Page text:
After four years watching her handle all sorts of challenges, I had a lot of confidence in Emily. First of all, she is far more organized and a better project manager than me. She would be on top of every last detail, including the daunting task of meeting the ambitious fund-raising target. Second of all, when it came to endurance, Emily seemed more prepared than most high school kids to finish a marathon. It had been an annual tradition in her family to participate in the Boston Marathon Jimmy Fund walk, and although walking isn’t running, she had also made a habit of running half marathons out of season (or sometimes in-season, before I discouraged that). She thought of herself as slow, at least when it came to 5Ks, but she had persistence to run slowly for a very long time.
If I had any concerns, they were motivated by my own inexperience. I really wasn’t sure what an advisor should do. In the beginning, I was anxious for us to meet every couple of weeks, and I badgered her with questions about whether she had done this or that. After a few of these meetings, I realized that she was managing everything fine, was usually way ahead of me, and didn’t need me being paranoid. By December, she had been accepted on the CH team, and by January was attending their organized group runs and following their training plan, which seemed very reasonable to me. She had also started a journal, posted her web page with her story and appeal, and was well on her way to raising more than three times the minimum amount required for each runner.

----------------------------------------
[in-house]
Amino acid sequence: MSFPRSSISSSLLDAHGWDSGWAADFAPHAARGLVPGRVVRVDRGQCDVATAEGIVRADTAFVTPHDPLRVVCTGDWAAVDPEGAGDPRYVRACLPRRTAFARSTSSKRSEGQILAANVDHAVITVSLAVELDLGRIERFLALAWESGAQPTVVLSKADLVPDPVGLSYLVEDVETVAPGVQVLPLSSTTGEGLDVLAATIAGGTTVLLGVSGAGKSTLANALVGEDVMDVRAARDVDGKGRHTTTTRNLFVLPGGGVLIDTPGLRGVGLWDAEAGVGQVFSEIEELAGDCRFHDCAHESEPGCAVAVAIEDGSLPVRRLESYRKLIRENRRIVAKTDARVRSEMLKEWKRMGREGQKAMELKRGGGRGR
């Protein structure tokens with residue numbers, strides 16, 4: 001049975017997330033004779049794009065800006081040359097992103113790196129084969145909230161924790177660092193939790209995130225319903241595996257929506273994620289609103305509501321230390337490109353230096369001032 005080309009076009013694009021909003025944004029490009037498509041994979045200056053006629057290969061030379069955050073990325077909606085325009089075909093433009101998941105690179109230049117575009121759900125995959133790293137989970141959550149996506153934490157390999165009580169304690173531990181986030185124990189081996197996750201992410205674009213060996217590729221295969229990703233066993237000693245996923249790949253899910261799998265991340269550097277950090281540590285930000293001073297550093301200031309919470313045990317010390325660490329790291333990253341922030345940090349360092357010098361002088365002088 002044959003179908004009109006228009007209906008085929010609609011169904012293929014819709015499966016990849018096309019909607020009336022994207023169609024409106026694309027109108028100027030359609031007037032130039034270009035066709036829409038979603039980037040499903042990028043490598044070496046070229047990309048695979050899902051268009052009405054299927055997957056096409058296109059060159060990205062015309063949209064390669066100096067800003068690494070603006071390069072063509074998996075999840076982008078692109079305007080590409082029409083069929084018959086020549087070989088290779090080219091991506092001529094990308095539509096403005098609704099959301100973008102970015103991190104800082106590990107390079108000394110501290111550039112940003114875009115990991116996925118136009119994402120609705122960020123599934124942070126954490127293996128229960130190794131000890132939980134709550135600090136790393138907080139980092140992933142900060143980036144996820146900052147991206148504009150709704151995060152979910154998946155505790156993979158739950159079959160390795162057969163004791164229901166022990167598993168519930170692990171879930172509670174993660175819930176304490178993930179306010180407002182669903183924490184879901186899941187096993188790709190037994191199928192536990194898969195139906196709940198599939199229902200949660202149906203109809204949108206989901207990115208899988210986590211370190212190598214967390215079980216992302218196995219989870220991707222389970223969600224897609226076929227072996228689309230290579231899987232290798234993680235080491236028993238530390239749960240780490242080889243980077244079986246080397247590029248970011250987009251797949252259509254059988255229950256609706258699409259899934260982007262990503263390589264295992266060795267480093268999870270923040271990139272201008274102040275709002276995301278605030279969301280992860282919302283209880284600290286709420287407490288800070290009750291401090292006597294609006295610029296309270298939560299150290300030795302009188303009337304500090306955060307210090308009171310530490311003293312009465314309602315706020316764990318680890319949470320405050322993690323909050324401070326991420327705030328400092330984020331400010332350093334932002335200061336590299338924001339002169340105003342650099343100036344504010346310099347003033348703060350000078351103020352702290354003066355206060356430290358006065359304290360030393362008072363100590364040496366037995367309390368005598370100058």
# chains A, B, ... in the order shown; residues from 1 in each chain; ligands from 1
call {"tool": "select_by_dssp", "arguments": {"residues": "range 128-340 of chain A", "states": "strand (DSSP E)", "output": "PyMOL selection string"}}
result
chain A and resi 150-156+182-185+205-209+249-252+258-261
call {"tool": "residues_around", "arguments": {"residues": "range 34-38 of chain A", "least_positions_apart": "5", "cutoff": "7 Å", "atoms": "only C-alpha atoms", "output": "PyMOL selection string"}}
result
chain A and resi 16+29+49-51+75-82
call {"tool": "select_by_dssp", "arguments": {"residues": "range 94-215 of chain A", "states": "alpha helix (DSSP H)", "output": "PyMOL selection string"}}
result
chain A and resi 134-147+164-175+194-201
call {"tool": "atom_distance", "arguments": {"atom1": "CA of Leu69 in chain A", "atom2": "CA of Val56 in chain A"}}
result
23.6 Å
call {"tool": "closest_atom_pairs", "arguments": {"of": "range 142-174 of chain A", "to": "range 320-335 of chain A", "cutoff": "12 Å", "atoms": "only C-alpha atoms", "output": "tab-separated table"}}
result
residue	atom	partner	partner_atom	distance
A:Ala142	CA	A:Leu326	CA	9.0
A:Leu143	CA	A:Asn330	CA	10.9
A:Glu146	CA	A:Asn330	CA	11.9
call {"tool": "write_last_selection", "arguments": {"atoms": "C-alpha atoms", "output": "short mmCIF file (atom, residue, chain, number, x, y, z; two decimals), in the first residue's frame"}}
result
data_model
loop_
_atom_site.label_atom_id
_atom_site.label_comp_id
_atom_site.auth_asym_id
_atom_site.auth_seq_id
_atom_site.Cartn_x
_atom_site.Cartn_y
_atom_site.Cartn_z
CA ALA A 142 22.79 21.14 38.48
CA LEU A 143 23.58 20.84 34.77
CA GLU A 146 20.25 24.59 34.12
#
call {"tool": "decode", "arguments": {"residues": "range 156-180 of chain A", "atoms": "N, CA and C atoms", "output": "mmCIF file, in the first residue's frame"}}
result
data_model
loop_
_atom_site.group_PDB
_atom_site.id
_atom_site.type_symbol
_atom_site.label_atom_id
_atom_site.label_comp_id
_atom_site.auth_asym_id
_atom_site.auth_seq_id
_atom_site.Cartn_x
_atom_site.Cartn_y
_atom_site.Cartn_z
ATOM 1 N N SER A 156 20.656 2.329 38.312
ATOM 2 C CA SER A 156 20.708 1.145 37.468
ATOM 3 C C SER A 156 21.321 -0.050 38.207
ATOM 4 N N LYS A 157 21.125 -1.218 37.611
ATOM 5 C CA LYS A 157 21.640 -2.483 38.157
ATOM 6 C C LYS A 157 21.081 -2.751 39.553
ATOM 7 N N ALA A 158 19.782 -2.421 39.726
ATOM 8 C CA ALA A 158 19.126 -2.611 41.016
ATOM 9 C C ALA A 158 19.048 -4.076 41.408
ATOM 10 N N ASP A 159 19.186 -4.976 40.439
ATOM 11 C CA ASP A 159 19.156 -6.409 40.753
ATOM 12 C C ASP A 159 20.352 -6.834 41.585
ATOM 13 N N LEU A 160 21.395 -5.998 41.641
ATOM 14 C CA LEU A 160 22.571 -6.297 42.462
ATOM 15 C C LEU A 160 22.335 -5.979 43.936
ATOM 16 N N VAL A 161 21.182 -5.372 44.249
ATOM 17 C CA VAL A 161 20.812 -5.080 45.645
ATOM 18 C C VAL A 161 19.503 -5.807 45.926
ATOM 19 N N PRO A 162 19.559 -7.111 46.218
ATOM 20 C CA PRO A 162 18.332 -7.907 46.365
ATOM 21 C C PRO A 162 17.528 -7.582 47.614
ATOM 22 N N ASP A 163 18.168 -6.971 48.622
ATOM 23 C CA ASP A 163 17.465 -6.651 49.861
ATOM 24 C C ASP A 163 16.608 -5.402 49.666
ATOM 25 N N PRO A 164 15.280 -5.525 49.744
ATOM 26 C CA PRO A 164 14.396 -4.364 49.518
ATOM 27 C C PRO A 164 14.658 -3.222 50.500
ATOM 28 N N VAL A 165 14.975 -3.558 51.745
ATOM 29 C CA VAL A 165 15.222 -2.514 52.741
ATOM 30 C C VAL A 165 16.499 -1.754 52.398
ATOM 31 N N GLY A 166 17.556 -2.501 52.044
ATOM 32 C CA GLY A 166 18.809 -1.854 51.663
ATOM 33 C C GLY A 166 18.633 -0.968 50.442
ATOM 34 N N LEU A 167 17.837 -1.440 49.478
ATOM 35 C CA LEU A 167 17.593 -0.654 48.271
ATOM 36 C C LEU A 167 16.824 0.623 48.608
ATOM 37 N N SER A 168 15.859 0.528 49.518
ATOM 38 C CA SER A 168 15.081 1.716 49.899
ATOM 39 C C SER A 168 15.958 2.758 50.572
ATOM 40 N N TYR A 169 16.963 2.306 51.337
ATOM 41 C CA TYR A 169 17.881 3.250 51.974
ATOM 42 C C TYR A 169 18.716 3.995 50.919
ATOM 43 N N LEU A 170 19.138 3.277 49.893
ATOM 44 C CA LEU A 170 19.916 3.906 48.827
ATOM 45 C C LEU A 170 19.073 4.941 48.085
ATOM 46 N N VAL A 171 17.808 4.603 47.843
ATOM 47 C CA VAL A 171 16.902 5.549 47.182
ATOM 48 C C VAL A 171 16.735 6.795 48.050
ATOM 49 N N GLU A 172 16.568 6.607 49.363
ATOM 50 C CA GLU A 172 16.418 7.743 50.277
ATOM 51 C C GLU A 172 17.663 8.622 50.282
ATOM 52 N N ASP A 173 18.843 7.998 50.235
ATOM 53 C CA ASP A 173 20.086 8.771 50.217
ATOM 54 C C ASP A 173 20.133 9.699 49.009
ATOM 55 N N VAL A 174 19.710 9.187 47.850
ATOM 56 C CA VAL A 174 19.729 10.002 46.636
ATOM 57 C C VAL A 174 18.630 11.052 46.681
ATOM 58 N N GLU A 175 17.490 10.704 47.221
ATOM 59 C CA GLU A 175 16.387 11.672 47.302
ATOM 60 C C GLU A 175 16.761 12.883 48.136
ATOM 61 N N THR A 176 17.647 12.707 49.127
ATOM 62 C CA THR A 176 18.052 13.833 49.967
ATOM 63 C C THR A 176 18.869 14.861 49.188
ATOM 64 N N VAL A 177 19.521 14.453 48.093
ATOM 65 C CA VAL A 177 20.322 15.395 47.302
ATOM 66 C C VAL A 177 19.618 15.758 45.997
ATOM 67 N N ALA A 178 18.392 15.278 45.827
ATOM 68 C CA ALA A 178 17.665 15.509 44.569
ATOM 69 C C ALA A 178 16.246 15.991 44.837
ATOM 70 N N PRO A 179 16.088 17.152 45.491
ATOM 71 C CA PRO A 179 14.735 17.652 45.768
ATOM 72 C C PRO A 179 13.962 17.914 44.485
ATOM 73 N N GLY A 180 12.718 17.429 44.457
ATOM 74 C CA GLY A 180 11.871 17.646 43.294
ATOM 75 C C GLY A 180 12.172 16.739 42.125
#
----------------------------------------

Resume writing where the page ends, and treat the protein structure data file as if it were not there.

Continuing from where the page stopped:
Boston, the Documentary